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Science Sunday: Leap Year

Post Author: Mark Dixon & Aoife Ryle
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Happy Leap Year! This past weekend we leaped ahead, closing out February with 29 days. Once every 4 years, we add that extra day to the end of February, but what’s the reason for it? As you know, we mark a year as the full amount of time it takes us to do a full rotation around the sun, which is not exactly 365 days. It is actually 365 days 5 hours 48 minutes and 45 seconds. So, this is why every 4 years we make up for basically that quarter-day by adding the full day to the end of February. By adding this extra day, it helps us to keep our seasons consistent. 

As you can see, time is all relative, we do our best to make it as exact as possible, but when dealing with variables in the universe, it is not perfect. 

The leap year started with the Julian calendar, but even before then, there were many other systems of calendars around. The Mayans had a 3 calendar system and did not incorporate a leap year into their system. They did, though, have a very similar approximation to the length of a year that we have today. 

Want to learn more about Mayan history? Visit the Science Center’s new traveling exhibition, Maya: Hidden Worlds Revealed on display March 7, 2020. For more information, visit CTScienceCenter.org.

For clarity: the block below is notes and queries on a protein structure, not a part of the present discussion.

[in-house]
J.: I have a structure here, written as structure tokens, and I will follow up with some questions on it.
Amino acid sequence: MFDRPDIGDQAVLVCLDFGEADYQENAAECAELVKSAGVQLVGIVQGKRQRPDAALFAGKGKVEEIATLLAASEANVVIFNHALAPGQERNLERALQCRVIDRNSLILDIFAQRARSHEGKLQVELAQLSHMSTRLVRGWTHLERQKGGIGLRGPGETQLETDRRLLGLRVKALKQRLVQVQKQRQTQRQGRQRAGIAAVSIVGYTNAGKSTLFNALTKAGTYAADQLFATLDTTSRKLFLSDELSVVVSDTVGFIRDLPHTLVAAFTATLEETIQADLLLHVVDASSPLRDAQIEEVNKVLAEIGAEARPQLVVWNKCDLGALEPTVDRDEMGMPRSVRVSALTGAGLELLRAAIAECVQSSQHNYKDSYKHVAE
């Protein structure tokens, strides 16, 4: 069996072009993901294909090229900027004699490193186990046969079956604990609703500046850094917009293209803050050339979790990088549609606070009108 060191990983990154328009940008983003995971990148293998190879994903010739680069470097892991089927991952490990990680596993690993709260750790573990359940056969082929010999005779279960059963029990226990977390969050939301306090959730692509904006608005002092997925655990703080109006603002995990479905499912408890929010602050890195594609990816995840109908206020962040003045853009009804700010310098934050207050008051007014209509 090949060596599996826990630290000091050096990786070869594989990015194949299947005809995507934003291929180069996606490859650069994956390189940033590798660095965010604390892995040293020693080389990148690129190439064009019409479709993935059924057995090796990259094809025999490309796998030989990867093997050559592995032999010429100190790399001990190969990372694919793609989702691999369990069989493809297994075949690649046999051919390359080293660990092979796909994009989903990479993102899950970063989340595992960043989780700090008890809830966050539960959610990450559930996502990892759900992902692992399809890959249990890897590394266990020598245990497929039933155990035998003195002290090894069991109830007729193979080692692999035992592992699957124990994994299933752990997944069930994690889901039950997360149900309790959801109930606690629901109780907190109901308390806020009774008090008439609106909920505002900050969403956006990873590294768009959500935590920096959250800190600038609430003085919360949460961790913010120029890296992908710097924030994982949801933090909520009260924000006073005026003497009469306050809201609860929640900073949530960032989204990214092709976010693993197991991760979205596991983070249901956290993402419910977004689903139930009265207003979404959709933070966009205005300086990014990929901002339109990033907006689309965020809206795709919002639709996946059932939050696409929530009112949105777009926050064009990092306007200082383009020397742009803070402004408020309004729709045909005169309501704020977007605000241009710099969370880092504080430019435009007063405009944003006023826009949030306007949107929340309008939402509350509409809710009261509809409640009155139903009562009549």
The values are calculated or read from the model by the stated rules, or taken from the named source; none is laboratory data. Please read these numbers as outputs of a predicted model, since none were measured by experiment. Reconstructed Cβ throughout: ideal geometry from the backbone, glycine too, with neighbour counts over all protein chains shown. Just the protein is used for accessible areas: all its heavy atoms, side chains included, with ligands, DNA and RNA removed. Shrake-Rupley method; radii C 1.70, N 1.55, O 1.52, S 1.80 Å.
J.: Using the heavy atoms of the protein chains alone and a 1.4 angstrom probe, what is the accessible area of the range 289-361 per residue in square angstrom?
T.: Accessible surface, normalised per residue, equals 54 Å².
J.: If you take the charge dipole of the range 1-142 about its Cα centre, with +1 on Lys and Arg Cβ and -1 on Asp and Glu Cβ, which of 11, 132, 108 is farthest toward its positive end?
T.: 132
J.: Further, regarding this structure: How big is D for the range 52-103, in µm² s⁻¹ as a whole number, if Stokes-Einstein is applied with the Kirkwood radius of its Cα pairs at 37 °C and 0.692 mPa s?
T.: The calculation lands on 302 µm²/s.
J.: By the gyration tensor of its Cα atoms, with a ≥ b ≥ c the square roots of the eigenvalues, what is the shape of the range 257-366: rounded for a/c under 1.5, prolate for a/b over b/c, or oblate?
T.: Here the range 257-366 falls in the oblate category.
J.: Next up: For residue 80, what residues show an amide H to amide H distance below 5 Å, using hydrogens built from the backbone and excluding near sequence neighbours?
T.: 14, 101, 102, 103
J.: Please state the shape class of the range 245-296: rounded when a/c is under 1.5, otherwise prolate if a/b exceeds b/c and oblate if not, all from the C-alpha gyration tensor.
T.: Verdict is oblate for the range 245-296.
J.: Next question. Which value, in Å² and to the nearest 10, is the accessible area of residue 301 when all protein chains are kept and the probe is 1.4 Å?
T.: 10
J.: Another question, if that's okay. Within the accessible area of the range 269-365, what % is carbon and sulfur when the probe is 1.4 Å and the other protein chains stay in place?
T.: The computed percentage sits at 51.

Aoife Ryle is a STEM Educator at the Connecticut Science Center. In addition to working with school groups, she works with our Teen Program, Overnights department, and shoots weekly science segments for WFSB. She has a degree in Bioengineering from the University of Maine and has a personal interest in the life sciences and engineering which makes bioengineering a perfect crossover.

 

Mark Dixon is a meteorologist on WFSB Channel 3 Eyewitness News and a host of the weekly Science Sunday segments with the Connecticut Science Center. He has been nominated for several Emmy awards for weather anchoring and has won awards from the Connecticut Associated Press Broadcaster’s Association and the American Meteorological society.